Arabi became slightly better known after Rouhani was elected president in 2013. On April 20, 2014, Fars News Agency covered Arabi's hosting of a “royal, all-female banquet” in Sa'dabad Palace on the occasion of Iranian Women’s Day. The article, which portrayed the event as a glamorous party, caused an uproar. Aside from government figures, certain female activists, actresses, directors and writers were invited to the banquet, which included a fashion show and dance performance.

While Rouhani’s wife is once again absent from the campaign, the wife of conservative cleric Raisi has been playing a minor role in his.

The first time that Raisi spoke publicly about his wife was in a campaign video. He told viewers, “She first received her bachelor's degree in midwifery and then changed her field and got a Ph.D. from Tarbiat Modares University. She is currently a faculty member at Shahid Beheshti University and is also collaborating with the Supreme Council of the Cultural Revolution. Her writings and discussions are mostly about pedagogy.”

Subsequently, media outlets supportive of Raisi published an image of his wife and a brief bio: “Jamileh Alamolhoda, daughter of the Friday Prayer leader of Mashhad and an assistant professor at Shahid Beheshti University.”

Her father, Ahmad Alamolhoda, is also the representative of the supreme leader in Khorasan Razavi province. He is known for having endorsed Ahmadinejad, supporting the activities of the morality police and banning concerts in the city of Mashhad.

Raisi and Alamolhoda married in 1983 and have two daughters. Alamolhoda is described as an assistant professor and holder of a Ph.D. in in Islamic pedagogical philosophy on the website of Shahid Beheshti University. She is currently the head of the Family Research Institute at Shahid Beheshti University while also heading the Education Committee of the Supreme Council of the Cultural Revolution.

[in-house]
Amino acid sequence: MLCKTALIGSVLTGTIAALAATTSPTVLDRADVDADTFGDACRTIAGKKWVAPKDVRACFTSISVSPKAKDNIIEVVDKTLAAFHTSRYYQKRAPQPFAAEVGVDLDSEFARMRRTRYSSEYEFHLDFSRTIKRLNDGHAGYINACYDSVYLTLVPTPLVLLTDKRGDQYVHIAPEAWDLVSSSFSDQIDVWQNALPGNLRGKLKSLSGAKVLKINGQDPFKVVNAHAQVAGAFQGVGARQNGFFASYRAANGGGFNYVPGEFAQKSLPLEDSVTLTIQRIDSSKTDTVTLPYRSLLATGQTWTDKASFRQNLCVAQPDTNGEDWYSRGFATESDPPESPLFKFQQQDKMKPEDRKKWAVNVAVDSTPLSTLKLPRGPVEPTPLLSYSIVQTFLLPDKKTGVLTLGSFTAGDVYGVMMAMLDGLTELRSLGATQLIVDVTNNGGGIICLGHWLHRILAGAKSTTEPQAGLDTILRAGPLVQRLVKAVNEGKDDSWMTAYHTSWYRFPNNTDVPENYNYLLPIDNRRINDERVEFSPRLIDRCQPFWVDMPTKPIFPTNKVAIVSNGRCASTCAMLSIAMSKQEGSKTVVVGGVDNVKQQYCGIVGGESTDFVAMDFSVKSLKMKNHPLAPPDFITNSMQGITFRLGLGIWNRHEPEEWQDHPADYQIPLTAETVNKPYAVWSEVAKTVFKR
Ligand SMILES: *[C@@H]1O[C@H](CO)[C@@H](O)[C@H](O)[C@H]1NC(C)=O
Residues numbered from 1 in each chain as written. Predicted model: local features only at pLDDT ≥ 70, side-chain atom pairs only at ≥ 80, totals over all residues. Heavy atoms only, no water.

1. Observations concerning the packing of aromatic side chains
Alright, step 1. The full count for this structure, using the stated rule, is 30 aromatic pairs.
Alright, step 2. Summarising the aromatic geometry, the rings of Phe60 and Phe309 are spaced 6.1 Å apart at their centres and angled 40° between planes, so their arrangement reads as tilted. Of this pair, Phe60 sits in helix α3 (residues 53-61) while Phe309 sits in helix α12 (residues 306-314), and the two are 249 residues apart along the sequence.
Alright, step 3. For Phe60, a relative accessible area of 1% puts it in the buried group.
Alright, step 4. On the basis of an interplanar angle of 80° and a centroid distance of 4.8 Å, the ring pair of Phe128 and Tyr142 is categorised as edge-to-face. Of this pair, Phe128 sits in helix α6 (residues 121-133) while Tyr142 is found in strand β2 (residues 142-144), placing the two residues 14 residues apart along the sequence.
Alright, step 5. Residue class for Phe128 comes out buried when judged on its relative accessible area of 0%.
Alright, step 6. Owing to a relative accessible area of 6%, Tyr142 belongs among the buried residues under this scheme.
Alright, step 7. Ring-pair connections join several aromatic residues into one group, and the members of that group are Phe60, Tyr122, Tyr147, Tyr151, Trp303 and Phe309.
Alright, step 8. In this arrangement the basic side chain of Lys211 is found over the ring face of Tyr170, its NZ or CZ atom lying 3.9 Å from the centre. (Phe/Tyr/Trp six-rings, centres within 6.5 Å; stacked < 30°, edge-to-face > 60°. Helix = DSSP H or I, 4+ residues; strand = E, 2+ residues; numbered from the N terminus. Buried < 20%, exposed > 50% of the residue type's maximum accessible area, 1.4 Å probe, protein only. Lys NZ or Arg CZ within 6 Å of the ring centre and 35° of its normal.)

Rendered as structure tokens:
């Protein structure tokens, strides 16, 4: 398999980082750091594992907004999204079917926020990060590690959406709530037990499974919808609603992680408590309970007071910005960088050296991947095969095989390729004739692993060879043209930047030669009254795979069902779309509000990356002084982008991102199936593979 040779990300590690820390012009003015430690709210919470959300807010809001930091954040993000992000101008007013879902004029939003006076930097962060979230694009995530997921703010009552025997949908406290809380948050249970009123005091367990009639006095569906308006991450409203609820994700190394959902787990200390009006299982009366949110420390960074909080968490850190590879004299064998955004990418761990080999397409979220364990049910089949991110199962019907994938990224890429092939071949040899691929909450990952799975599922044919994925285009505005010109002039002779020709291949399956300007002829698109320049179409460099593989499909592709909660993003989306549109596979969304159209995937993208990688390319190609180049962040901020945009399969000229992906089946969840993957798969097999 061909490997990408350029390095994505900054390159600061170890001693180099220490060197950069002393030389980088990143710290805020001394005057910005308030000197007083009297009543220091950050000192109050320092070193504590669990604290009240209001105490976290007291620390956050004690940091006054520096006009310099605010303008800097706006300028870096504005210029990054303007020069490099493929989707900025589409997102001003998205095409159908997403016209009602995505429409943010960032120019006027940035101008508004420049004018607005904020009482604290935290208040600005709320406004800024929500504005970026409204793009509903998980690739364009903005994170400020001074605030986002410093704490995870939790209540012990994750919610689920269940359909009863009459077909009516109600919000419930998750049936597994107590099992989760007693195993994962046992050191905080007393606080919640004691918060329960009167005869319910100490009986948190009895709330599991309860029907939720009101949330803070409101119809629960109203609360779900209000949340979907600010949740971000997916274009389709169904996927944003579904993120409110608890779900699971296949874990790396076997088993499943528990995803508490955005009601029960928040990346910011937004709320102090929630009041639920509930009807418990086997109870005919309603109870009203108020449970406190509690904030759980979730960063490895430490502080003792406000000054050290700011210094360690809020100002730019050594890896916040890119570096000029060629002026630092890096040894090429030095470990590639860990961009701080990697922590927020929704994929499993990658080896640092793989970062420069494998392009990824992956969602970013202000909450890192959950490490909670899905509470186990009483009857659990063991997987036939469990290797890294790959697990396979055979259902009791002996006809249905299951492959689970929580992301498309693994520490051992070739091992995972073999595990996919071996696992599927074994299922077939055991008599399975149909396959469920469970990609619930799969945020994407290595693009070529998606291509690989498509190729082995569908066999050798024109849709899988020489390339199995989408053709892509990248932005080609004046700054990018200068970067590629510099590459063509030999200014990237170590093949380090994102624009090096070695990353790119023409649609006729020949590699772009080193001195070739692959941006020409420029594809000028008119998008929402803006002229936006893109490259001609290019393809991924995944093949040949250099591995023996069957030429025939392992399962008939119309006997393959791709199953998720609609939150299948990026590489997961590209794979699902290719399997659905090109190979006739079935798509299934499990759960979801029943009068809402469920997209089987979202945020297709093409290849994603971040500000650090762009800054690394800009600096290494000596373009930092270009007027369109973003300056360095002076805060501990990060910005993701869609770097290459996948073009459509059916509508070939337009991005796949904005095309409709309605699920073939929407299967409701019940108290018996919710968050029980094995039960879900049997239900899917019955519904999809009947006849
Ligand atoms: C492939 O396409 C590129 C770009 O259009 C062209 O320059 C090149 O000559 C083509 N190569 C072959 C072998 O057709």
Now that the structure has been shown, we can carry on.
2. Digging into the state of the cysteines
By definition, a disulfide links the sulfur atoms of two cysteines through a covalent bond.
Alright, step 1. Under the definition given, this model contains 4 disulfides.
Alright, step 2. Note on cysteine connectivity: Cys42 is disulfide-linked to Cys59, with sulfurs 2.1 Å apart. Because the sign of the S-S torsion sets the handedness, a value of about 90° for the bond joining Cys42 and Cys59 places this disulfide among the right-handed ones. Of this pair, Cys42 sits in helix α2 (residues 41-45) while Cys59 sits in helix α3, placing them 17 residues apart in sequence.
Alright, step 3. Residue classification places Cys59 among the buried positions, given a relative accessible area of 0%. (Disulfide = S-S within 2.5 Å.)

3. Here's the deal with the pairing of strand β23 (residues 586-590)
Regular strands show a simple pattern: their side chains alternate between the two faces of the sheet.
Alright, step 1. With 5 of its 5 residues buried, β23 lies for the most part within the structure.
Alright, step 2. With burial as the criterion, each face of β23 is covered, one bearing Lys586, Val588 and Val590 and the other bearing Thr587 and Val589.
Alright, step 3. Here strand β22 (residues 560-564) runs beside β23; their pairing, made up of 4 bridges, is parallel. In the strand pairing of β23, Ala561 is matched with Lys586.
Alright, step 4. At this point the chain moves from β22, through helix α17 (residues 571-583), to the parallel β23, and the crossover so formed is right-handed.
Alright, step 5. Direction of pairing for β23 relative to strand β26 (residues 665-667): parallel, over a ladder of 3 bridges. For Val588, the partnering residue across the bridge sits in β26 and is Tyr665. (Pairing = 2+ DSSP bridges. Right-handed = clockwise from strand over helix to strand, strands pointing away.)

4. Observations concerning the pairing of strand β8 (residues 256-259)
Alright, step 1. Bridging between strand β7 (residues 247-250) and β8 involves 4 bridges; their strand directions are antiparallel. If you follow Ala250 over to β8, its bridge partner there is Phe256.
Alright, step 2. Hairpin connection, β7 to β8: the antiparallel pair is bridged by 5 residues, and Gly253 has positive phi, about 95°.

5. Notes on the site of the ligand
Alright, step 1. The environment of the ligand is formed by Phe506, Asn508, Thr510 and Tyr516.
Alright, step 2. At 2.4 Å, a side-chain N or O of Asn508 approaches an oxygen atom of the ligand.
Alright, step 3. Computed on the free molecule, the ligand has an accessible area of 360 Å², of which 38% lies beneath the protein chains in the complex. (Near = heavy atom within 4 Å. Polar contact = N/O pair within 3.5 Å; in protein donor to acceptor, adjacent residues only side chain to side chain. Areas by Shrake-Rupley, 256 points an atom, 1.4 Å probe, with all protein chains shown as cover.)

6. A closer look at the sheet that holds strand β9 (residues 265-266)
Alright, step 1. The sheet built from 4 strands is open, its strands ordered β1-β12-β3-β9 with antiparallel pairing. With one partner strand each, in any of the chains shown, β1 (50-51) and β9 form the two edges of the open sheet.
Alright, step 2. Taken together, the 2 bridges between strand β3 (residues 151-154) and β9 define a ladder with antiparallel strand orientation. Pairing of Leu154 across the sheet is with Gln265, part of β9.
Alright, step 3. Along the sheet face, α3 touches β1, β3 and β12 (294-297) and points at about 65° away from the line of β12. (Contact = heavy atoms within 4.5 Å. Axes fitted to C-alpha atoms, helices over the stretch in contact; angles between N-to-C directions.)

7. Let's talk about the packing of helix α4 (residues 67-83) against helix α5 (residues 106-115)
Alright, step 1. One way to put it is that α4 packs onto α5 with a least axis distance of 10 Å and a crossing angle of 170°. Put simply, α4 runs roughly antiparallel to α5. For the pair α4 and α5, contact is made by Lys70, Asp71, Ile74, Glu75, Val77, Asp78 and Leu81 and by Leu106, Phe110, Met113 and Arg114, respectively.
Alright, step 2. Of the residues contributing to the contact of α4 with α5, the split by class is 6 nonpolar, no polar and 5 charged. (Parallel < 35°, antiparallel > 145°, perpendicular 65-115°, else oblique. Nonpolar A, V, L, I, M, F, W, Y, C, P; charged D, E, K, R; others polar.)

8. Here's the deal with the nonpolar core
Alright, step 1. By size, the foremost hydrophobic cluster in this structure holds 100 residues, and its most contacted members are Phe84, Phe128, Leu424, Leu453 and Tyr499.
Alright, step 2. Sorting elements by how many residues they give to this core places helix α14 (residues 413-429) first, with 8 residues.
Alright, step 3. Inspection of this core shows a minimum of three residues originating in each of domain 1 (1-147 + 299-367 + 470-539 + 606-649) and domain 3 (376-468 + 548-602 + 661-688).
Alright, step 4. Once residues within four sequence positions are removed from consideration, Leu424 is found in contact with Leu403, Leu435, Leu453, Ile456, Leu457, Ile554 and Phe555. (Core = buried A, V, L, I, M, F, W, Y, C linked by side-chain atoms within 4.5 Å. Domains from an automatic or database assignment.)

Alamolhoda’s entry into the public arena has created some controversy. A video was shared over social media of her presenting a paper at the Rhodes Forum in 2015. Some viewers have criticized her broken English and even questioned her academic credentials.

Alamolhoda gave an interview to Samaak News, a website that has endorsed Raisi, but her husband's campaign saw that it was quickly removed from the website. In the interview, Alamolhoda spoke about her and her children’s reaction to her husband announcing his candidacy for the presidency, saying that her children started crying and that she herself passed out and had to be taken to the hospital.

As the campaigning began, Alamolhoda delivered a speech before a female audience at a rally in the northwestern city of Hamedan. At the event, Alamolhoda referred to the presidential elections as a battle between two streams of thought on women’s rights and women’s affairs and spoke against a "legacy of Western civilization" in which "womanhood is lost and women behave like men.”